One might suggest the gap at present seems to be in the system itself, with a mishmash of approaches across the system, a shifting of goalposts with regards to pass marks and, at the same time, a continuous message and mission of “close the gap.” One might consider if the system is set up appropriately to pursue our aims in education.  Indeed, what are those aims?  This being perhaps the focus of a future paper altogether.

This summer the government will share next steps with regards to the governance review of Scottish education. Many school managers offered concerns with local authority control in the Commission for School Reform (Commission set up in November 2011 and reporting early in 2013). The report stated ‘The best way of achieving this objective is to increase the autonomy of individual schools’ whilst commenting on the current system which it described as “disempowering.” However, some previously in support of such devolved powers have now retracted from significant levels of autonomy. One might consider how much the way in which such free market models have played out in England have influenced recent conservatism on the issue of more power at school level. This coupled with protectionism within  ‘the bureaucracy’ might hamstring any significant changes to the way Scottish education is governed, controlled and supported. This all may have an impact on the eventual outcome of both how children are assessed (locally, nationally, professional judgement or external scrutiny) and also how the improvement agenda and ‘closing the gap’ mission achieve success or otherwise.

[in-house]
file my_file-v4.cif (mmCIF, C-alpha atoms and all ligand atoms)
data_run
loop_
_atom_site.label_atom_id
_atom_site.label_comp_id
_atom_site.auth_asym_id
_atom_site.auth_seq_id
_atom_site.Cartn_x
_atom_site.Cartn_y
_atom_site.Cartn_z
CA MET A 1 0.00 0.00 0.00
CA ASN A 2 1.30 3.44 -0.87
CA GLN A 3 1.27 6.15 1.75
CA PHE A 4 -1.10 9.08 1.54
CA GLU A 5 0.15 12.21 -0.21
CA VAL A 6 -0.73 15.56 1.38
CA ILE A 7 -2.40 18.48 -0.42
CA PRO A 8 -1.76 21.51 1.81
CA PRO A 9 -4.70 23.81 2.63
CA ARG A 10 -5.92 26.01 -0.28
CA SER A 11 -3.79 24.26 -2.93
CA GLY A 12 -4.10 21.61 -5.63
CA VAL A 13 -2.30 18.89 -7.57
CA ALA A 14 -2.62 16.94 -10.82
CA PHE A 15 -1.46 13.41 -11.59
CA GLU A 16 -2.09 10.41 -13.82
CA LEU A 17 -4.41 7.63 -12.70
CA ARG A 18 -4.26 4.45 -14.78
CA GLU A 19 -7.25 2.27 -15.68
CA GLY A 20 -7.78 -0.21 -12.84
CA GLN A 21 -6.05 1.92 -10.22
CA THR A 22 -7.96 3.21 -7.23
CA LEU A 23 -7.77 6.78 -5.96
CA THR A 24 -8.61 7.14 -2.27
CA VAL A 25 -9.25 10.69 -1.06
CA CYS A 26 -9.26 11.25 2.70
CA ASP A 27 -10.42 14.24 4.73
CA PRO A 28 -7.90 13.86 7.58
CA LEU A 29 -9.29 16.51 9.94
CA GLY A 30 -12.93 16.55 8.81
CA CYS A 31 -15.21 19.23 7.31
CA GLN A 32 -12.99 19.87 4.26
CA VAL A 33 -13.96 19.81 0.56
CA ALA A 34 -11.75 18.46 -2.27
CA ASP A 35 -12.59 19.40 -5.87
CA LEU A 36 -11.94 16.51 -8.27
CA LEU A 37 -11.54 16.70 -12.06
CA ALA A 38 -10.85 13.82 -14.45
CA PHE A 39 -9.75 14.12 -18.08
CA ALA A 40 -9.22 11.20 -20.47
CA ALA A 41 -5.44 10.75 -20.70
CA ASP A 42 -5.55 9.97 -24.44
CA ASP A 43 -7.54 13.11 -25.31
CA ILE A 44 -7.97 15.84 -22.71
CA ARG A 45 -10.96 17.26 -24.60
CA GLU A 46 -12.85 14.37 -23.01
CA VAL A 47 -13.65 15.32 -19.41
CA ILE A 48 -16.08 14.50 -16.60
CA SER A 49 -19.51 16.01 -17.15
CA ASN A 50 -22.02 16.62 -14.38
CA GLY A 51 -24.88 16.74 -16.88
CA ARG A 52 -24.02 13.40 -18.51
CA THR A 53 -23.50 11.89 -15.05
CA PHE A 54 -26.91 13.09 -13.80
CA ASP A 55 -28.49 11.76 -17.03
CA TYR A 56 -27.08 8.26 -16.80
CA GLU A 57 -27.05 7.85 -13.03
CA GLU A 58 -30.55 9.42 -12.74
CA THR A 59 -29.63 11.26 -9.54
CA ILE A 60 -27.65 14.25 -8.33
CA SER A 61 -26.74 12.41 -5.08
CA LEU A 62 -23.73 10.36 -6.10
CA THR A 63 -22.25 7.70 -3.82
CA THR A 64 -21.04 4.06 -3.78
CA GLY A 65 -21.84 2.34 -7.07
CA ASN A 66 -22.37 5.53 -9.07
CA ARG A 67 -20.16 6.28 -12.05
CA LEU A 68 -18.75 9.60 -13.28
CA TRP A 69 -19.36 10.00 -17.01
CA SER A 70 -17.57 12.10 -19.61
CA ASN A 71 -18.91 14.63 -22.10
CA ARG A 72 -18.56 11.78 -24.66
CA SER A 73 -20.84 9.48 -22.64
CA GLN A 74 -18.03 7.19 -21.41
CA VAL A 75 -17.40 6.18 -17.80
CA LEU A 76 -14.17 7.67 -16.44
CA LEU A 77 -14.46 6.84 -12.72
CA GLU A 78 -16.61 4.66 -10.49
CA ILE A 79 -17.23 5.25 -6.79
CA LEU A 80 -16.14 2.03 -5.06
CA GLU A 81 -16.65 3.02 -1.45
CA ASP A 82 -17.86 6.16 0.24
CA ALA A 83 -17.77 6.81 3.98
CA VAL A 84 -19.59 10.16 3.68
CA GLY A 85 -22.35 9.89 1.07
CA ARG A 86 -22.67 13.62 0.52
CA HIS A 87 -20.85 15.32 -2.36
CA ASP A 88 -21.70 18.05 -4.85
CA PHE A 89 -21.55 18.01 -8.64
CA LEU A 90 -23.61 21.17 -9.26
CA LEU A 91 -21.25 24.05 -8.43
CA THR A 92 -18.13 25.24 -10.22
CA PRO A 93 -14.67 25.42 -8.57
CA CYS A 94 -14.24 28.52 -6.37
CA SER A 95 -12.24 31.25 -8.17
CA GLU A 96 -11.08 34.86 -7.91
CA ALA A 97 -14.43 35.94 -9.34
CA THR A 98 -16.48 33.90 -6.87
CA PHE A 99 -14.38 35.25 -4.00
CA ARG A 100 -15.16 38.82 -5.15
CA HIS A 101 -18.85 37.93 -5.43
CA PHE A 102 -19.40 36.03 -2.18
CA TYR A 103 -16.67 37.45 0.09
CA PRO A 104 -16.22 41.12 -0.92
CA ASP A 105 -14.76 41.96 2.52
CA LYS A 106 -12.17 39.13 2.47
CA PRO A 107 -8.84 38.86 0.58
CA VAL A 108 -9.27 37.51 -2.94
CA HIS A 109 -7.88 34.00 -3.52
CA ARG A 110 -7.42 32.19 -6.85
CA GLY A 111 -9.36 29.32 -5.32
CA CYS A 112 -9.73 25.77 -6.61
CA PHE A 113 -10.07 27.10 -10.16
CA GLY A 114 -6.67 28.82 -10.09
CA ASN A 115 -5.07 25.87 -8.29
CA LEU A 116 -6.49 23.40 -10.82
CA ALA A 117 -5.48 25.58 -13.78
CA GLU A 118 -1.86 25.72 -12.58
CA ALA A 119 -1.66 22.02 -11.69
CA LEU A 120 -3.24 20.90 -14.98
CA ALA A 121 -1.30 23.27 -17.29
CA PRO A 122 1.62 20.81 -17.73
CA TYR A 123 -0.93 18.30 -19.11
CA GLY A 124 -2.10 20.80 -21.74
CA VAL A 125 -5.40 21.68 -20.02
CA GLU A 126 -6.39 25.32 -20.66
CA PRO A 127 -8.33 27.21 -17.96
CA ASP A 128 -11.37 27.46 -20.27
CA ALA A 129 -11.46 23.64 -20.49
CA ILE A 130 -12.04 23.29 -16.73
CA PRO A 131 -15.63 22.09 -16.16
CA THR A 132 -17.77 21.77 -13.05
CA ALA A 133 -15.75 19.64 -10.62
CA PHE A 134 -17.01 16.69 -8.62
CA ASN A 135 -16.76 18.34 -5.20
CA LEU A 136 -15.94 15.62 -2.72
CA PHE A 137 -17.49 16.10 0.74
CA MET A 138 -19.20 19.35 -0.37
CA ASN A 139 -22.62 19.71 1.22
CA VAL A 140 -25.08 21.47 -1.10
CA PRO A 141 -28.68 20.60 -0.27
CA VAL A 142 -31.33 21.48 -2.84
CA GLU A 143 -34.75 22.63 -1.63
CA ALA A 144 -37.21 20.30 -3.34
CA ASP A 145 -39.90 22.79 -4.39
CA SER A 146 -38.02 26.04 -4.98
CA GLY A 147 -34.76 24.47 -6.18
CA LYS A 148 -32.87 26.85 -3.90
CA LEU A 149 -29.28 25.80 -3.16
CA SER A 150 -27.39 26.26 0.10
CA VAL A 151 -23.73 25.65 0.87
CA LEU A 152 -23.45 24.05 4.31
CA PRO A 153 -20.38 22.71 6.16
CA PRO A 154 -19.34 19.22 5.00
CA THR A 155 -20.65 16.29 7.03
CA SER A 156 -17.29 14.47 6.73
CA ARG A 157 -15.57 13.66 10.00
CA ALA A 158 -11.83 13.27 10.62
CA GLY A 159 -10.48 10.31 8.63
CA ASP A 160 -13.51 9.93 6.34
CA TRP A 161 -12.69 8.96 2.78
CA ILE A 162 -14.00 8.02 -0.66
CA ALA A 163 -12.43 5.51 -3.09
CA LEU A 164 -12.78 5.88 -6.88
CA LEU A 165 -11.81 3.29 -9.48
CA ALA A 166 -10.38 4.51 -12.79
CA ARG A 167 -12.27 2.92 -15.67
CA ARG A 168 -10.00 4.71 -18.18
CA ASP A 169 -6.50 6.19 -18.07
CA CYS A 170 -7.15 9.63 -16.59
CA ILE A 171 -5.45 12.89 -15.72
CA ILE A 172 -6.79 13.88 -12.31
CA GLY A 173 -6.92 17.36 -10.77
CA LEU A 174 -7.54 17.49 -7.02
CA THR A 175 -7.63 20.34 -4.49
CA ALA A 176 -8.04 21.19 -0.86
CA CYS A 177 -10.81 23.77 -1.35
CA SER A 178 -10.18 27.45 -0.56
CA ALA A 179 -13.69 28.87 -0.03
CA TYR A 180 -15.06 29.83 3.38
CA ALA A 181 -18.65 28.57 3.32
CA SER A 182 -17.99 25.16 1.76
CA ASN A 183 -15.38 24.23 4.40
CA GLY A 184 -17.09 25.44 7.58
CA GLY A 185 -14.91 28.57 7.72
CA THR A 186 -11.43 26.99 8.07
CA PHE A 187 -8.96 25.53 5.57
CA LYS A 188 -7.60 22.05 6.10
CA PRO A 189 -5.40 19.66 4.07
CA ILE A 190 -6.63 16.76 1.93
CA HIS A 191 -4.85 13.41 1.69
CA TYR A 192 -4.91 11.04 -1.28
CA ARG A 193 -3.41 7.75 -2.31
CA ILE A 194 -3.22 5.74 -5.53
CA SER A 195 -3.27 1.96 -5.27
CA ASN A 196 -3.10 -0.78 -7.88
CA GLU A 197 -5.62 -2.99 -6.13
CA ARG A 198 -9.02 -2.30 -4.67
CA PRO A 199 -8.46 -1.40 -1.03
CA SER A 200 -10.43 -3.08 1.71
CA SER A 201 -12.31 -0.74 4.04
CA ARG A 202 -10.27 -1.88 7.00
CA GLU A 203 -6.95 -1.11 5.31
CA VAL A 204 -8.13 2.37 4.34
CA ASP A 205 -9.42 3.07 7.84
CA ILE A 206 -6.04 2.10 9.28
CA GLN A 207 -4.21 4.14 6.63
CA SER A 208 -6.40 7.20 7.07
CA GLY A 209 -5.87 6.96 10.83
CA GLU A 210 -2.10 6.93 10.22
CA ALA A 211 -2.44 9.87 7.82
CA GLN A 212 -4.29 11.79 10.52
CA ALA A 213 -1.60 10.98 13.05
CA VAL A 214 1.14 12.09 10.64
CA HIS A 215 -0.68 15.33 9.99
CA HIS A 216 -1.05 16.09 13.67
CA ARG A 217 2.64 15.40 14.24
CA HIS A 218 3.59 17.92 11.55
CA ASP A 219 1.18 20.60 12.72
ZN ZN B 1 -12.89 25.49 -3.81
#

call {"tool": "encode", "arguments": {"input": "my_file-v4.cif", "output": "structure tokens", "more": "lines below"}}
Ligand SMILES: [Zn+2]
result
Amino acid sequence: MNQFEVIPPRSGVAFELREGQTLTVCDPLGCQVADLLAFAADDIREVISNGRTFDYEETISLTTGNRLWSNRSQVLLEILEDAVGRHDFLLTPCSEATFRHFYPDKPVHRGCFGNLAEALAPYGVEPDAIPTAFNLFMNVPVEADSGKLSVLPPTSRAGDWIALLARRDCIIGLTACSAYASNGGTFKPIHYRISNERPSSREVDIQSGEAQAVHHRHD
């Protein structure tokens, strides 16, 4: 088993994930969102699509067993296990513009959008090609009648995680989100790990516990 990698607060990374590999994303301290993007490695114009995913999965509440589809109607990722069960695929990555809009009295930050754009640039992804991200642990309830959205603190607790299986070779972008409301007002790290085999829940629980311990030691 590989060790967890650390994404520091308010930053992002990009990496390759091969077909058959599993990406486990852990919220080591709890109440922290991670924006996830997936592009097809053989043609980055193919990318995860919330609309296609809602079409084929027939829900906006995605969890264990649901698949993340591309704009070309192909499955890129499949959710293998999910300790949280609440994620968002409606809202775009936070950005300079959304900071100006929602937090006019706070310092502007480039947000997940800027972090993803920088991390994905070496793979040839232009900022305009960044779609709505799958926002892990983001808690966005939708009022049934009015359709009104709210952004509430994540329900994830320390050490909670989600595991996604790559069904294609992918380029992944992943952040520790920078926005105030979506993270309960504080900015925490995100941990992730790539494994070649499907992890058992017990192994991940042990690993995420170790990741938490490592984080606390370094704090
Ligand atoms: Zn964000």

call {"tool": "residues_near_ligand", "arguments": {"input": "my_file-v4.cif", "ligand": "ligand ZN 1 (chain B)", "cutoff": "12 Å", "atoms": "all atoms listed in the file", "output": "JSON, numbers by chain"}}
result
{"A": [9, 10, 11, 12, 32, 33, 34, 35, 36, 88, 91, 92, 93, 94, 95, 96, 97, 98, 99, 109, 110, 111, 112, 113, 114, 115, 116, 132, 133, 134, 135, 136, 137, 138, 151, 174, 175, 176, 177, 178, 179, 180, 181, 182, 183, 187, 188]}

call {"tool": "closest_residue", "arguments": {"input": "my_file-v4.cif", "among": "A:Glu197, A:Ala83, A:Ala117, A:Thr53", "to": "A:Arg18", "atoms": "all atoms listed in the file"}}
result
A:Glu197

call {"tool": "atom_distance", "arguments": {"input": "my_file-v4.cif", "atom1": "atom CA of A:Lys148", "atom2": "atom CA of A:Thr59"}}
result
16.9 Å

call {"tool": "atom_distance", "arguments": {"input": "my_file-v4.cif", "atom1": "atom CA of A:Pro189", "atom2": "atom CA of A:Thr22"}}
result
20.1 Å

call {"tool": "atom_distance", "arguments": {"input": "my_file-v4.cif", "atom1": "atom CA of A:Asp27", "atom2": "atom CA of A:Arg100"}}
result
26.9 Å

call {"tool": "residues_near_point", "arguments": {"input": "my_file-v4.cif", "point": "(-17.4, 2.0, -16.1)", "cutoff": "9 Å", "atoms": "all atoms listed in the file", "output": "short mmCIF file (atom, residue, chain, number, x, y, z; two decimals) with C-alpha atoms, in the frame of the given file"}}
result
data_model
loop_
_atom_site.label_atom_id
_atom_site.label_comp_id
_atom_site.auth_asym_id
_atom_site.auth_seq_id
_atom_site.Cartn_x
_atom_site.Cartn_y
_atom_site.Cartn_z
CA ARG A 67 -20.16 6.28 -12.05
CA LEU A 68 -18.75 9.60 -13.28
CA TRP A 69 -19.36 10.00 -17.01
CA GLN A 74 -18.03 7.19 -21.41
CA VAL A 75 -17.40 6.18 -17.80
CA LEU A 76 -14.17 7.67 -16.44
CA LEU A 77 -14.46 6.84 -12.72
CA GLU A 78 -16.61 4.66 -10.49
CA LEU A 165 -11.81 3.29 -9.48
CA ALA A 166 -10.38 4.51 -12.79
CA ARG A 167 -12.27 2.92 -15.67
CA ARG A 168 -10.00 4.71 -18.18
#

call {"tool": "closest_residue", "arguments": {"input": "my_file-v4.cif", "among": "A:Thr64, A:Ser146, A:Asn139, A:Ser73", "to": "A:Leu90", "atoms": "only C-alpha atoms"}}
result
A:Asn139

However, with potential ‘fake news’ stories like the one which opened this commentary (or at the very least with the story and the headline not matching) and the facts and background which sit beneath, one might consider what the best way to run Scottish education actually is?

Finally, this needs to be set against an international and longitudinal backdrop. Leading educationalists have noted an movement towards a set of principles in educational improvement which generically are described as the Global Education Reform Movement (Passi Sahlberg and others Countries following a GERM type model see a standardization of education, a focus on knowledge through cores subjects,  didactic and risk averse teaching approaches, autonomy but with high accountability, and high stakes testing. There are however those attempting to broaden both the scope and purpose of education, and looking at innovative ways in which we can affect positive change on education. The International Positive Education Network ( are one of those with their blend of academics alongside character and wellbeing.

Amidst all this change and the detail which sits beneath a single headline it might be worth considering critical analysis of three key areas:-

  • Where does responsibility sit best to ensure that the gap is narrowed in educational attainment and continuous improvement happens? This is sure to be key to the forthcoming firming up of views on the Governance of Scottish school education.
  • What robust, detailed and longitudinal  research has been undertaken into the governance systems, exam systems and learning & teaching of the countries who are either high performing or have shown the most progress over short, medium and long terms? How has this research been fed into the consultation on governance for Scottish education? Without it we are progressing without informed opinion.  Hardly in the spirit of education. Amidst all of its various system, structures and approaches; opinions and facts we must make sure we “mind the gap.”
  • And more broadly what is education for?


From → Education